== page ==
So, it took us more than two years to finally finish our first racing board – so far the most complicated wooden paddleboard that we’ve ever built
I haven’t seen any strip-built wooden paddle boards faster than Ayrton. I mean, I haven’t even seen any designs – as far as I know this is the fastest wooden SUP board ever built. Now, when our first Ayrton 14′ is ready I can say that this was a hell of a time building this board. Pretty common, but always meaningful life lesson – the harder the path, the better the joy of making it.
More than 2 years ago we’ve contacted Randy Bogardus from Clearwood Paddleboards to sell us their 14′ racing board plans. Randy designed that paddle board together with brazilian designer and paddler Rodrigo Velasquez. Surely I knew that building this board would be a challenging quest, but I never knew HOW challenging that would be. After the first 4-5 months of working and a number of alterations I’ve only built like 40% of the hull. The contours of the board were so complicated that I had problems with bending and fitting the strips. Ayrton was all I’ve been working on that winter and that affected other projects and other boards. And still, I wasn’t even close to finishing the assembly, not mentioning fiberglassing, epoxy coating, sanding and varnishing. So I had 2 options – finish Ayrton as fast as I could with all these little f*ck-ups or put this project on the shelf until I have enough time and experience.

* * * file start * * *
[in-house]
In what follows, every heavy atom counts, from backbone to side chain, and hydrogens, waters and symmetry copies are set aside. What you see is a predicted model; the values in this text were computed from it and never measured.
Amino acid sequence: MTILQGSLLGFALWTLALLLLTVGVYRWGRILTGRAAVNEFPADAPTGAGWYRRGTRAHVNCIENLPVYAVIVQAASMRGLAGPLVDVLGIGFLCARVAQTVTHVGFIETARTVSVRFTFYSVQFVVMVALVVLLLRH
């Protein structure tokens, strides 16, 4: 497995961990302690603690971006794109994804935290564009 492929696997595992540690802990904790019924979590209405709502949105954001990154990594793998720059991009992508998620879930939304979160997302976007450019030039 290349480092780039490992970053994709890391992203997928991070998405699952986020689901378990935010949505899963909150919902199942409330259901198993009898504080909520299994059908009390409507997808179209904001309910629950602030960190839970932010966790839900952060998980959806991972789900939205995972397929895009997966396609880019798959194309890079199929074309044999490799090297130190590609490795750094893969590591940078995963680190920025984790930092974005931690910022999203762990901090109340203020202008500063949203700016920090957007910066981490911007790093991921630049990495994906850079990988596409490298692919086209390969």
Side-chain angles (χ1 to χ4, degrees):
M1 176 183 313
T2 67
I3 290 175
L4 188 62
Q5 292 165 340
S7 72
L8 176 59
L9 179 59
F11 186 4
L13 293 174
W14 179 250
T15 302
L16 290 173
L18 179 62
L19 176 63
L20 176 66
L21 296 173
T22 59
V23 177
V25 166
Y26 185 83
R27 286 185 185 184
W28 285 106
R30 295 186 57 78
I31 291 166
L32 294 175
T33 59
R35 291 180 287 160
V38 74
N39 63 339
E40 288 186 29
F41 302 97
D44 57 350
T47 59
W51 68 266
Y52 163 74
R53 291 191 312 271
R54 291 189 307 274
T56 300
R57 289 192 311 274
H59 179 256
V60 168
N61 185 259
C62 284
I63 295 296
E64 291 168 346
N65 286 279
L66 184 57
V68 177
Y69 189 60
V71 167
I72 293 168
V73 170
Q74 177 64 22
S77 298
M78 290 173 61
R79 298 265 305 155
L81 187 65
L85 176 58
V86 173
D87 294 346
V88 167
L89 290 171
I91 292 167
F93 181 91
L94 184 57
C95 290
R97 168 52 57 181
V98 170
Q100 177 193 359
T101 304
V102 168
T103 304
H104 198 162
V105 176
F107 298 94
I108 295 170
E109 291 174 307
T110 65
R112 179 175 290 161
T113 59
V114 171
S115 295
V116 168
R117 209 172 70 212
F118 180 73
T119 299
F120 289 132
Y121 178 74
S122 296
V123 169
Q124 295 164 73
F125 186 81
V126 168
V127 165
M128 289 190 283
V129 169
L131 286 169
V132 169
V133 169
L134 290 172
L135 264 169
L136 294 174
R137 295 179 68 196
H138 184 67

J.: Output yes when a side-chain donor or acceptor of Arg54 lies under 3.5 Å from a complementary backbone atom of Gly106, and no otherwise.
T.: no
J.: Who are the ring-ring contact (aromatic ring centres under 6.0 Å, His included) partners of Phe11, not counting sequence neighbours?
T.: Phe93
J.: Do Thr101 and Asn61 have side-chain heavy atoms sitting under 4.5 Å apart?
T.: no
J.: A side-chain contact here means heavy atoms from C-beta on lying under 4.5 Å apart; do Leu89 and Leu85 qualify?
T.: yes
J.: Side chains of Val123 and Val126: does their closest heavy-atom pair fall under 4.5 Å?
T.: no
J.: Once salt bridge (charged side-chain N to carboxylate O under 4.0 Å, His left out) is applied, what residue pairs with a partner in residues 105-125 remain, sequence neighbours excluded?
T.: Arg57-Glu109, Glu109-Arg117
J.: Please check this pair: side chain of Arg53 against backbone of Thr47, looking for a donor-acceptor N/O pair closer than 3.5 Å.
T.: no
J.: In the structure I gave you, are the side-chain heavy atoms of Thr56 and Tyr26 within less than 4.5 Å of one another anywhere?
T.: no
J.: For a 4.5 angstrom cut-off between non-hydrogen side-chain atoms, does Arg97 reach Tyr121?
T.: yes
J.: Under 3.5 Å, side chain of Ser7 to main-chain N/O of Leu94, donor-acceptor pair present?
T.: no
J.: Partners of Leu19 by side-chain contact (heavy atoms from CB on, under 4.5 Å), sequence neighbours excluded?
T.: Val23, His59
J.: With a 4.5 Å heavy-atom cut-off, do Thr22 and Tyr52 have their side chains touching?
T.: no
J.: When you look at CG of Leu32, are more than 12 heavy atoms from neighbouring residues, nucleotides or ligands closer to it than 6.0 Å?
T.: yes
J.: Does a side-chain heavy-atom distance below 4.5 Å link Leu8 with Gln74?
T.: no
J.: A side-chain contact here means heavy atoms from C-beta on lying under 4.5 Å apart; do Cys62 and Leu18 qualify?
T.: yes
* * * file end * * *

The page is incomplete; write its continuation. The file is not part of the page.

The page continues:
Choosing the second way was a smart move! I’ve kept this paddle board on a shelf for 15 months, during which we’ve built a number of boards, including a couple of completely new designs. We rethought and optimized some operations, improved our crafting skills, so I decided to get back to Ayrton in April, 2021. This time building was a pleasure, not a torture. The process still took all the dedication I had because of the complex geometry of this board. Any tiny mistake would result in a visible gap, so I had to be 100% focused.
We’ve faced some challenges during the further steps of a building process, but this time it was kind of fun solving them. So, it took us more than two years to finally finish our first racing board – so far the most complicated wooden SUP that I’ve ever built. And I can’t wait to start building another one – there were a lot of lessons learnt and I need to apply that knowledge 🙂